Introduction to this research theme: Network virtualization

Keywords: Network processors, Multi core, Control processing, Packet processing, Network virtualization

Yasusi Kanada, ACM SIGPLAN Workshop on Memory Systems Performance and Correctness (MSPC 2014), poster, June 2014.
[ 日本語のページ ]
[ Poster photo ]
[ Draft poster ]

Introduction to this research theme: Network virtualization

Poster:

Voting:

Session:

Keywords:

Kanada, Y., IPSJ Summer Programming Symposium 2014 (in Japanese), 2014-8
[ 日本語のページ ]
[ Slides (Japanese PDF version, no movie) ]
[ Slides (Japanese Keynote version, with movie, for Macintosh) ]
[ Slides (English PDF version, no movie) ]
[ Slides (English Keynote version, with movie, for Macintosh) ]
[ Paper PDF file (in Japanese) ]
[ Printing process (YouTube) ]

[ “3D turtle graphics ” Python library and usage example ]

English version of this paper (IJERA)

skewedPyramid.jpgAbstract: When creating forms by using a 3D printer, usually, a static (declarative) model designed by using a 3D CAD system is translated and sent to the printer. However, widely-used FDM-type 3D printers inputs a dynamical (procedural) program that describes control of motions of the print head and extrusion of the filament. If the program is expressed by a programming language or a library in a straight manner, 3D objects can be created by a method similar to turtle graphics. Such a library, “turtle 3D printing” library, which is open-source, was described by Python and used (tried). Although this problem has a problem that it cannot print in the air; however, if this problem is solved by an appropriate method, shapes drawn by 3D turtle graphics can be embodied by this method.

Introduction to this research theme: 3D shape formation technologies

Keywords: 3D printing, Three-dimensional printing, Solid Free-form Fabrication, SFF, Fused deposition modeling, FDM, Additive Manufacturing, 3D turtle graphics, Turtle graphics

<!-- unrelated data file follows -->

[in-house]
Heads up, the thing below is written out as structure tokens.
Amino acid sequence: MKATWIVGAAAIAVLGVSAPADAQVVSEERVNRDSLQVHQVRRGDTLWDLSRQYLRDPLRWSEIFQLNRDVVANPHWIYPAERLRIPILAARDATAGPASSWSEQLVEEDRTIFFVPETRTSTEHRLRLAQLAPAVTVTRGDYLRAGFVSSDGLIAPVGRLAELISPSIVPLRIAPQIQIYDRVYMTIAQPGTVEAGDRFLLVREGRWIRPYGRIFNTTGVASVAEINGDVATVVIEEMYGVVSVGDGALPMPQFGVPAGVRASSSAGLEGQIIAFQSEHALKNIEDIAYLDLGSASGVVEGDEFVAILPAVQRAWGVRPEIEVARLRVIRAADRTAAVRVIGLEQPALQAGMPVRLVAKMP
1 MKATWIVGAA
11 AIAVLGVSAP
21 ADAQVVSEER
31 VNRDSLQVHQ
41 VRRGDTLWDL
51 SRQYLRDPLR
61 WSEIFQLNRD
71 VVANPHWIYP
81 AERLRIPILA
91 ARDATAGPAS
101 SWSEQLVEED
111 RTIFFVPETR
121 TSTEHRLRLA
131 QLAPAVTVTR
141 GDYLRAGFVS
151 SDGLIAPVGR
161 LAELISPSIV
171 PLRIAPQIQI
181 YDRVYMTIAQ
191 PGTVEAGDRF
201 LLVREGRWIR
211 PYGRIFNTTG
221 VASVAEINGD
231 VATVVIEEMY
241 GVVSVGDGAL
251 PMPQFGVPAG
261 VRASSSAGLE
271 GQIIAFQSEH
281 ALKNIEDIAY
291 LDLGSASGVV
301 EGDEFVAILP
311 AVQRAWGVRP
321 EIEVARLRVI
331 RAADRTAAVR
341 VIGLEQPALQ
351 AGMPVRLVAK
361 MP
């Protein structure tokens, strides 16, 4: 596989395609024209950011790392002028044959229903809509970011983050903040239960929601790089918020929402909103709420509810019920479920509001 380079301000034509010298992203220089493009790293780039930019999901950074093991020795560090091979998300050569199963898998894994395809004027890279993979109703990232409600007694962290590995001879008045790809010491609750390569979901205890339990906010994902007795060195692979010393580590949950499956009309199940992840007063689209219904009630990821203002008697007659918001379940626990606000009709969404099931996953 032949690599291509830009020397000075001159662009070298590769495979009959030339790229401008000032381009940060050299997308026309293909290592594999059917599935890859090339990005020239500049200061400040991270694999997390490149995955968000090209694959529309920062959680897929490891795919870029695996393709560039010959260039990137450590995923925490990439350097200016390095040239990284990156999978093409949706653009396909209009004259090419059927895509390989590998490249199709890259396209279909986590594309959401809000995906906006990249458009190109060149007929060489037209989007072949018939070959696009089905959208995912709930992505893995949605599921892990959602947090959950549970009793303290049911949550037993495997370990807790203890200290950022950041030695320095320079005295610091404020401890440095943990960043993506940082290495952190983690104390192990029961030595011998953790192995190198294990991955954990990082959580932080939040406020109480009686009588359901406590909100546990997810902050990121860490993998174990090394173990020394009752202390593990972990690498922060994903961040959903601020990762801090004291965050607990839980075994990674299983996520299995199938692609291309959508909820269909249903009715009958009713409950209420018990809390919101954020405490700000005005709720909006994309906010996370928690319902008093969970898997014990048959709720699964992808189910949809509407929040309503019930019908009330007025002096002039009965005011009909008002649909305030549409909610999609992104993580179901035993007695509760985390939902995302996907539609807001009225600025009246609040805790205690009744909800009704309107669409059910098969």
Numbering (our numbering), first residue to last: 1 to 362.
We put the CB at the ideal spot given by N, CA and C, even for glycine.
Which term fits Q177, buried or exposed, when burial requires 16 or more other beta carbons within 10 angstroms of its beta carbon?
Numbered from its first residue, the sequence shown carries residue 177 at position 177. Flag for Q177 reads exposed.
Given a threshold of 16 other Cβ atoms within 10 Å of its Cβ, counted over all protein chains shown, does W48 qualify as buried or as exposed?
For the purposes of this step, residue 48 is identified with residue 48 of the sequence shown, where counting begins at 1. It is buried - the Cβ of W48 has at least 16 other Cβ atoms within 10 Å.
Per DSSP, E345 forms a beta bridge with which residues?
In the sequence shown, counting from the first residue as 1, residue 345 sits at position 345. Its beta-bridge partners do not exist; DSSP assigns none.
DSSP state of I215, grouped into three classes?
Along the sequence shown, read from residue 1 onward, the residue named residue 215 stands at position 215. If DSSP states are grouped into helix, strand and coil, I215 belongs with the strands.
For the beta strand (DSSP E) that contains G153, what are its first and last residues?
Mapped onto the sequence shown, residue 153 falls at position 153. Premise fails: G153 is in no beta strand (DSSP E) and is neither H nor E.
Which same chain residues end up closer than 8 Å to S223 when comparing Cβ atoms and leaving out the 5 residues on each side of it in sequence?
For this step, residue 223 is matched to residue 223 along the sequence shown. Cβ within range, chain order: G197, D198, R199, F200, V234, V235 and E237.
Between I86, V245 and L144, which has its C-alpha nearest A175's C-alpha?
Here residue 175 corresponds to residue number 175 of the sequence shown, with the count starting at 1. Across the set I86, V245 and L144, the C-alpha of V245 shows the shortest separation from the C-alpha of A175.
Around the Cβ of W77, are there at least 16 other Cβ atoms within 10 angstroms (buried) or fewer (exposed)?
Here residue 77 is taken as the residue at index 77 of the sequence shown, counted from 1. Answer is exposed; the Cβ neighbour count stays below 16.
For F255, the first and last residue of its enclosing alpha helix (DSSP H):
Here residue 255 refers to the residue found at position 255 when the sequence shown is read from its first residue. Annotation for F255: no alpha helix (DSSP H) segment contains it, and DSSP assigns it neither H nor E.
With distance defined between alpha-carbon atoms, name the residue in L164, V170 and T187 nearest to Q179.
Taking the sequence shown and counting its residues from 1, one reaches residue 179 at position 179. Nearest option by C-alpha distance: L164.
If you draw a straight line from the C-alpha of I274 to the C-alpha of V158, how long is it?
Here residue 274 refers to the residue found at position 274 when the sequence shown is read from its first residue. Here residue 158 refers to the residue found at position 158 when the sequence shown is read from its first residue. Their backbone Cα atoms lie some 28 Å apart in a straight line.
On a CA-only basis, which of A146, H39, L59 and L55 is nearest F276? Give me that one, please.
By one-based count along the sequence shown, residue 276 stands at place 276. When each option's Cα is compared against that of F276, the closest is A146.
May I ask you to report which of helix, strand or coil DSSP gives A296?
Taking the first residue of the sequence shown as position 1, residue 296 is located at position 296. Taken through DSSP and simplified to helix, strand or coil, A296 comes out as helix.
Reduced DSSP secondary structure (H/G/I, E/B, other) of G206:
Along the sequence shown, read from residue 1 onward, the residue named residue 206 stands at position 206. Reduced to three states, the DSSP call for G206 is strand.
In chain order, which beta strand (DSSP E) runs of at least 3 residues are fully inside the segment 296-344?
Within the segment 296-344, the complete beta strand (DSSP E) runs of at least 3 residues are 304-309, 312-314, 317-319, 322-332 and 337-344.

Kanada, Y., Communications and Network, Vol. 7, pp. 55-69, http://dx.doi.org/10.4236/cn.2015.71006
[
Japanese page ]
[ paper PDF file ]

Abstract – Network processors (NPs) are widely used for programmable and high-performance networks; however, the programs for NPs are less portable, the number of NP program developers is small, and the development cost is high. To solve these problems, this paper proposes an open, high-level, and portable programming language called “Phonepl”, which is independent from vendor-specific proprietary hardware and software but can be translated into an NP program with high perfor- mance especially in the memory use. A common NP hardware feature is that a whole packet is stored in DRAM, but the header is cached in SRAM. Phonepl has a hardware-independent abstrac- tion of this feature so that it allows programmers mostly unconscious of this hardware feature. To implement the abstraction, four representations of packet data type that cover all the packet op- erations (including substring, concatenation, input, and output) are introduced. Phonepl have been implemented on Octeon NPs used in plug-ins for a network-virtualization environment called the VNode Infrastructure, and several packet-handling programs were evaluated. As for the eval- uation result, the conversion throughput is close to the wire rate, i.e., 10 Gbps, and no packet loss (by cache miss) occurs when the packet size is 256 bytes or larger.